Chantal Hebert writes that the recent NDP and Conservative conventions provide a study in contrasts:
- The party that Harper is leaving behind is a different, more mature creature than the collection of fractious factions that came together under his leadership in 2003. A decade in power has made its members more inclined to pragmatism than to protest. Some of that was on evidence on the weekend as the Conservatives belatedly aligned party policy with Canadian legal reality on same-sex marriage and endorsed the partial decriminalization of marijuana.
- The federal NDP has never experienced the transformative discipline of power. Its dominant opposition culture has long been at odds with that of the provincial New Democrats, who have spent time on the governing side of politics. Many federal activists see the role of permanent underdog as more virtuous than that of top dog. They were always suspicious of Jack Layton and Mulcair’s efforts to make the party a more viable governing alternative.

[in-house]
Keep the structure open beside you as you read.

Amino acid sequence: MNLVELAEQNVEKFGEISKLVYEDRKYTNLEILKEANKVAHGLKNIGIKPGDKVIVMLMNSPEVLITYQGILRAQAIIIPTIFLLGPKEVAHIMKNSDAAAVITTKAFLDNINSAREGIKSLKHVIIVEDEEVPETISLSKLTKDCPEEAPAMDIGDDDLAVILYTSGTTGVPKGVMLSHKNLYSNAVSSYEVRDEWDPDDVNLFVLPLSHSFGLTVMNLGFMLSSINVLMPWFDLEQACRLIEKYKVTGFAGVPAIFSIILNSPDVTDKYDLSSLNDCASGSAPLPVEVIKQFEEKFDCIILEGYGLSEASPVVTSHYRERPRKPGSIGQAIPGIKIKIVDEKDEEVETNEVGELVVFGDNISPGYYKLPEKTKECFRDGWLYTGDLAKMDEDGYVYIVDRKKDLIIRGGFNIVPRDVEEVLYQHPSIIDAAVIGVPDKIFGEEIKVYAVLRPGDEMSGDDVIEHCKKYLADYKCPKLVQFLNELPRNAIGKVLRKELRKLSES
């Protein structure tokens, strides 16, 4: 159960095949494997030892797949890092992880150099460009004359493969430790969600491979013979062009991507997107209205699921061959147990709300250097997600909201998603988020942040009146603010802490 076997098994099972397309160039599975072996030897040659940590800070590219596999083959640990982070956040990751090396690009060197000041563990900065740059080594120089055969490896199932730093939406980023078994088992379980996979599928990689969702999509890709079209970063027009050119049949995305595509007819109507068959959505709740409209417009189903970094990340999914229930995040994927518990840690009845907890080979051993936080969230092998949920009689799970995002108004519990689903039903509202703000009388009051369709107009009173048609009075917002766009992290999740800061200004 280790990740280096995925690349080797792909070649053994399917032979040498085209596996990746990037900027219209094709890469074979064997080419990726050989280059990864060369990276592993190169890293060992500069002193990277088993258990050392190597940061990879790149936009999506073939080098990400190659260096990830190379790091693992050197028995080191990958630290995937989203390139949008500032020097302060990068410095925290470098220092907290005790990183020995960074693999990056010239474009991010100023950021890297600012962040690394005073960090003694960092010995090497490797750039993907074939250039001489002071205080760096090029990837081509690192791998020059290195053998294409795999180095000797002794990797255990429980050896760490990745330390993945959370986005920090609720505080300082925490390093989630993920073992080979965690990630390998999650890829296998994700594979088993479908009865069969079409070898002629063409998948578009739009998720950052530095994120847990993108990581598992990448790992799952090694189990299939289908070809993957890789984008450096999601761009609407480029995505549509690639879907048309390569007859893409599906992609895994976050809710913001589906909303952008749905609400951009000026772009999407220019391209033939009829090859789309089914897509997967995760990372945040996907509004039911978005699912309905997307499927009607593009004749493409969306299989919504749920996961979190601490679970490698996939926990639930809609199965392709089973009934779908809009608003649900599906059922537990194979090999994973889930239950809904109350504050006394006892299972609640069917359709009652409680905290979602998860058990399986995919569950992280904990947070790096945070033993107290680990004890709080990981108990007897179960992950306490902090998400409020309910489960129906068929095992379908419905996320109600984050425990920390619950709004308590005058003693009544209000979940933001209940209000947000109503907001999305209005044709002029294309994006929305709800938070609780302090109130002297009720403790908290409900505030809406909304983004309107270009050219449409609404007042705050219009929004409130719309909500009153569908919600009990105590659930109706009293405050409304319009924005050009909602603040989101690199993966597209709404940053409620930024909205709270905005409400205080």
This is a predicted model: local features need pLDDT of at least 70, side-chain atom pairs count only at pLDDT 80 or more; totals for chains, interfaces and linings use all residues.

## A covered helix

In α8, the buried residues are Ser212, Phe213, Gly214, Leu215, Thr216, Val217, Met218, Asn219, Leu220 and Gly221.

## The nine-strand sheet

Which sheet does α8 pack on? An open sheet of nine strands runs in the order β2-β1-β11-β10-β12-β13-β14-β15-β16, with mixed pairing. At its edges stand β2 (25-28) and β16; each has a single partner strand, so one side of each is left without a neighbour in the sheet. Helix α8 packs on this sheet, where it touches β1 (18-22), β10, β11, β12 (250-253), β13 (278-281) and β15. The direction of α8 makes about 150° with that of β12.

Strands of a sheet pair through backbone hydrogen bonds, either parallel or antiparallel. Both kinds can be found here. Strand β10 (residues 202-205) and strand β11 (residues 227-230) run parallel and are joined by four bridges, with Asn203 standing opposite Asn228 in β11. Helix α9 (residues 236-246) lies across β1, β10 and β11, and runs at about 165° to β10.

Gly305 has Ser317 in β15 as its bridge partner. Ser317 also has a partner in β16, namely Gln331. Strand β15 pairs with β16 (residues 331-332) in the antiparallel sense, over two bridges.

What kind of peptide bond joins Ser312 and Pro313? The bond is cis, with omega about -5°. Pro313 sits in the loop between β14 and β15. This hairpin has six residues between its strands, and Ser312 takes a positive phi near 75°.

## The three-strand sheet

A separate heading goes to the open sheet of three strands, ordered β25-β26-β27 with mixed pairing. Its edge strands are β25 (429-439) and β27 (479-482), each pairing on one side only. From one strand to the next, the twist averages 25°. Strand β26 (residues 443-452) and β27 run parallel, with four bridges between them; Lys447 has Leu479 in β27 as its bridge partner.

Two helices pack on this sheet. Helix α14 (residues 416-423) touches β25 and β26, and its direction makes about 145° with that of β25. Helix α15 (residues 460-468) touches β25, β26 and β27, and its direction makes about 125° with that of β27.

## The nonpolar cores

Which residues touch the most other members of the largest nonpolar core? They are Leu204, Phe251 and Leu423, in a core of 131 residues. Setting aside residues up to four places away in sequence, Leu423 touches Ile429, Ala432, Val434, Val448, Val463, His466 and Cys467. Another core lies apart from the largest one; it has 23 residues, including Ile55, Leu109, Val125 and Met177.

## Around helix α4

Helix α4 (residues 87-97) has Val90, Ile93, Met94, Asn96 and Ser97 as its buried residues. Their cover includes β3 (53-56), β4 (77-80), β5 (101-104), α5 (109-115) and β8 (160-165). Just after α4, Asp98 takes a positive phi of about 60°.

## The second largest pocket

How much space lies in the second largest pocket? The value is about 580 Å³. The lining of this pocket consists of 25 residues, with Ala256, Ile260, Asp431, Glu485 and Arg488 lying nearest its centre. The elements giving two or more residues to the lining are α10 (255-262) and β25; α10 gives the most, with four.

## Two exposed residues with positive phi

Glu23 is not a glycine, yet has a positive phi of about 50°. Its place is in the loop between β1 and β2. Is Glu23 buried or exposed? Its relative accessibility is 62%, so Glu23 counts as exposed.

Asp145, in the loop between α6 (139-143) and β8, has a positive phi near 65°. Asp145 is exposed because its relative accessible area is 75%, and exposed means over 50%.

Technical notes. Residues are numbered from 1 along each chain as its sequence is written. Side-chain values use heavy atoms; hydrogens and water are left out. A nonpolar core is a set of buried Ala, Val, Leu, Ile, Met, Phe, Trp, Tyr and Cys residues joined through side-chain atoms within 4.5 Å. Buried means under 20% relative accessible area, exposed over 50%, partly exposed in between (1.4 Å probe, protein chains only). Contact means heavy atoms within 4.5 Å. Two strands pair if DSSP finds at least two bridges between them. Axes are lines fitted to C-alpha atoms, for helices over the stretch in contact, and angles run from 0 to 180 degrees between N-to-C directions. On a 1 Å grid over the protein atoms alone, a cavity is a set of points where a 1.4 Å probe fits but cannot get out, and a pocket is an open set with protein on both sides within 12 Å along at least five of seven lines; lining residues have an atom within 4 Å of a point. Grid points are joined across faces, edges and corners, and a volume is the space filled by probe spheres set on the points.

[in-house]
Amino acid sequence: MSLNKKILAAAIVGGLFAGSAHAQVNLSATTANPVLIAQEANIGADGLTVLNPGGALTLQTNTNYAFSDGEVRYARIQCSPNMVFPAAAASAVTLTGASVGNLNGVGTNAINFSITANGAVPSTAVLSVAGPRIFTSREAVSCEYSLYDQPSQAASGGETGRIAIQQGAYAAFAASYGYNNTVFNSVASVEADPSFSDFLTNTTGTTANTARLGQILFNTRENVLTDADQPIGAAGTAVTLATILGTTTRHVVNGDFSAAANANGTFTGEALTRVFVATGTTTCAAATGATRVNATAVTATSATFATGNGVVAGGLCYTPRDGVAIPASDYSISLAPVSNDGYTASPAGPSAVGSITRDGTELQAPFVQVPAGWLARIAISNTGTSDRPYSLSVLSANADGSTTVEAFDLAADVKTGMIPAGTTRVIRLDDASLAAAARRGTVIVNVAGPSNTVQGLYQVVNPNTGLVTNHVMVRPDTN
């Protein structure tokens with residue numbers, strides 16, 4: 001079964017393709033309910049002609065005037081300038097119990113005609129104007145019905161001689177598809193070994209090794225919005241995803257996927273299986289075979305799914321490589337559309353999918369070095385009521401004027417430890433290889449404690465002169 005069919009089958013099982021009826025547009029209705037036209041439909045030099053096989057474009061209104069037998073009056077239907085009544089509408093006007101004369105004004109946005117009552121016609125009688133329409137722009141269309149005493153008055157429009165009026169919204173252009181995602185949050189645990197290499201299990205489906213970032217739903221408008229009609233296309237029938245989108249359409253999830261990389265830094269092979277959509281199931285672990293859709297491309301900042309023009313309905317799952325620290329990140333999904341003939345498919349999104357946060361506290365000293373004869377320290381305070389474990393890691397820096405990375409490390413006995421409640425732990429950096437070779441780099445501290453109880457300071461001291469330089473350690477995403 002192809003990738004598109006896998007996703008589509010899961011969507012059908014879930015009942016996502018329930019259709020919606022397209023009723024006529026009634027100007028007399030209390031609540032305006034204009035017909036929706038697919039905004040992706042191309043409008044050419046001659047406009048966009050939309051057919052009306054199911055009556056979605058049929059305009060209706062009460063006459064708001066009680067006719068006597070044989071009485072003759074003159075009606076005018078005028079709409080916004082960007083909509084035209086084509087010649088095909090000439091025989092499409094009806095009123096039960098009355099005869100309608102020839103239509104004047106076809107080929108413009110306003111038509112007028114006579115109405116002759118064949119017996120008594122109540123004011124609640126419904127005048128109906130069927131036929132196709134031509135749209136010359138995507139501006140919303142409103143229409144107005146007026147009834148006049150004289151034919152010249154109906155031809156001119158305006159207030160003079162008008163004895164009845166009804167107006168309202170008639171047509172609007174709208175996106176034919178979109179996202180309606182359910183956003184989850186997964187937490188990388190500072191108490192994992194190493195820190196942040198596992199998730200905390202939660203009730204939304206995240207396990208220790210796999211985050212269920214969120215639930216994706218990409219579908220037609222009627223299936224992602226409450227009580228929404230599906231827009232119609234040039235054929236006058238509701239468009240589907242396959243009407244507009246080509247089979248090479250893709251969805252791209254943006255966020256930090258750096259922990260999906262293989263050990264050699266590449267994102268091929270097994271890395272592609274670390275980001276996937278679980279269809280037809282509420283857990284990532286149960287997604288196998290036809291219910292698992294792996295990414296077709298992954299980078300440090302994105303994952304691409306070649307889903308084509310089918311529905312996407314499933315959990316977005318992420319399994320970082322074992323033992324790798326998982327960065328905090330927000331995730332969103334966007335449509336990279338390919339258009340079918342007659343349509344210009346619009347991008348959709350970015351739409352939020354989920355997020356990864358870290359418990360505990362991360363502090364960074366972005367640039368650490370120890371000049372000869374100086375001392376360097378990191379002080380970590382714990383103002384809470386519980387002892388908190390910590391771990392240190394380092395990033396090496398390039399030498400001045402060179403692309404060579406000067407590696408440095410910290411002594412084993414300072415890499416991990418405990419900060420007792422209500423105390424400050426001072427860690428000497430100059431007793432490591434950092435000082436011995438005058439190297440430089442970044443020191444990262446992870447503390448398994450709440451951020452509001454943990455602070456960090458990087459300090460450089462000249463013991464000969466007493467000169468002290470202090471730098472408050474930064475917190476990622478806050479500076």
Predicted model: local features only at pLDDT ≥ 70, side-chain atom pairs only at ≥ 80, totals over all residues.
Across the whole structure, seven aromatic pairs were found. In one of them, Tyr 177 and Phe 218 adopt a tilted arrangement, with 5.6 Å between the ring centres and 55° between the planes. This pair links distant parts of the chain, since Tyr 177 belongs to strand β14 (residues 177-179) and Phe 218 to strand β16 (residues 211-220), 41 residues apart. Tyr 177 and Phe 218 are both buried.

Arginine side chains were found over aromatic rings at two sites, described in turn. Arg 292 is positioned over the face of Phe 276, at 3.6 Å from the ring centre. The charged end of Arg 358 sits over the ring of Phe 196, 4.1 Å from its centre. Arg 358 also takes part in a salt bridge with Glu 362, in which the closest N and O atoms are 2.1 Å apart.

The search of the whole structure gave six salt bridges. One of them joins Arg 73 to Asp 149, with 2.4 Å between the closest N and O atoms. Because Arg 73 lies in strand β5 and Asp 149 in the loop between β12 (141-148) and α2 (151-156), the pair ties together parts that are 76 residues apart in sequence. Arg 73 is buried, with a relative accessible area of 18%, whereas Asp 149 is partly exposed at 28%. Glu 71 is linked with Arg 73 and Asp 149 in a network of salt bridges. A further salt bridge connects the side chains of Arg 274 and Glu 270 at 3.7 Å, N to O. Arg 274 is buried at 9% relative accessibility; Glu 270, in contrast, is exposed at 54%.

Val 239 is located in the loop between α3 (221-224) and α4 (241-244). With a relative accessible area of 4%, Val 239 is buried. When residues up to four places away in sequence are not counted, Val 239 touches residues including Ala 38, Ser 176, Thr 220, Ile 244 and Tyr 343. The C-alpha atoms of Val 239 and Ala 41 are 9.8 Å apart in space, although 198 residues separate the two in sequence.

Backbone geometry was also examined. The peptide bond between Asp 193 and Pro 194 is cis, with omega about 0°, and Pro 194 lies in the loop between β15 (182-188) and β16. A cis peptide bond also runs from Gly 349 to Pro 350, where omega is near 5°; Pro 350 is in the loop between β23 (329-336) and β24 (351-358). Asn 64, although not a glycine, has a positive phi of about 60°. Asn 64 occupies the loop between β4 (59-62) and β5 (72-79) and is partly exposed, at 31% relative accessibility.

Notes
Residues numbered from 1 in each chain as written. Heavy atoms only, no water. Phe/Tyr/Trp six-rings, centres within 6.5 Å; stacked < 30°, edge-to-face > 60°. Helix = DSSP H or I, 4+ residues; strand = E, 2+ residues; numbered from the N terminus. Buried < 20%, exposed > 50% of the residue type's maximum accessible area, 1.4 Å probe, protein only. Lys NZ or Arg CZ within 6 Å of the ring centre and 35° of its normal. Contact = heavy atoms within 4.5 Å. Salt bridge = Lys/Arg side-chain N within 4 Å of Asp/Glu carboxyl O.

- Harper’s political career ended just as abruptly as Mulcair’s, but it was voters who wielded the knife. The election defeat spared the Conservatives the kind of behind-the-scenes regicide attempts that leave hard-to-heal divisions within a political family.
- The issue of Mulcair’s leadership split the Edmonton convention right down the middle. The New Democrats left town after their convention with virtual blood on their hands. It was an unprecedented episode in the history of the federal party that will overshadow his succession.
At the moment, the NDP is in disarray. The Conservatives appear to be in better shape. But the upcoming leadership campaign could expose many old wounds. And, until the Dippers choose a new leader, it will be hard to chart their future.
However, it would be foolish to count either party out. Five years ago, Peter C. Newman wrote an obituary for the Liberal Party. No one should be writing obituaries.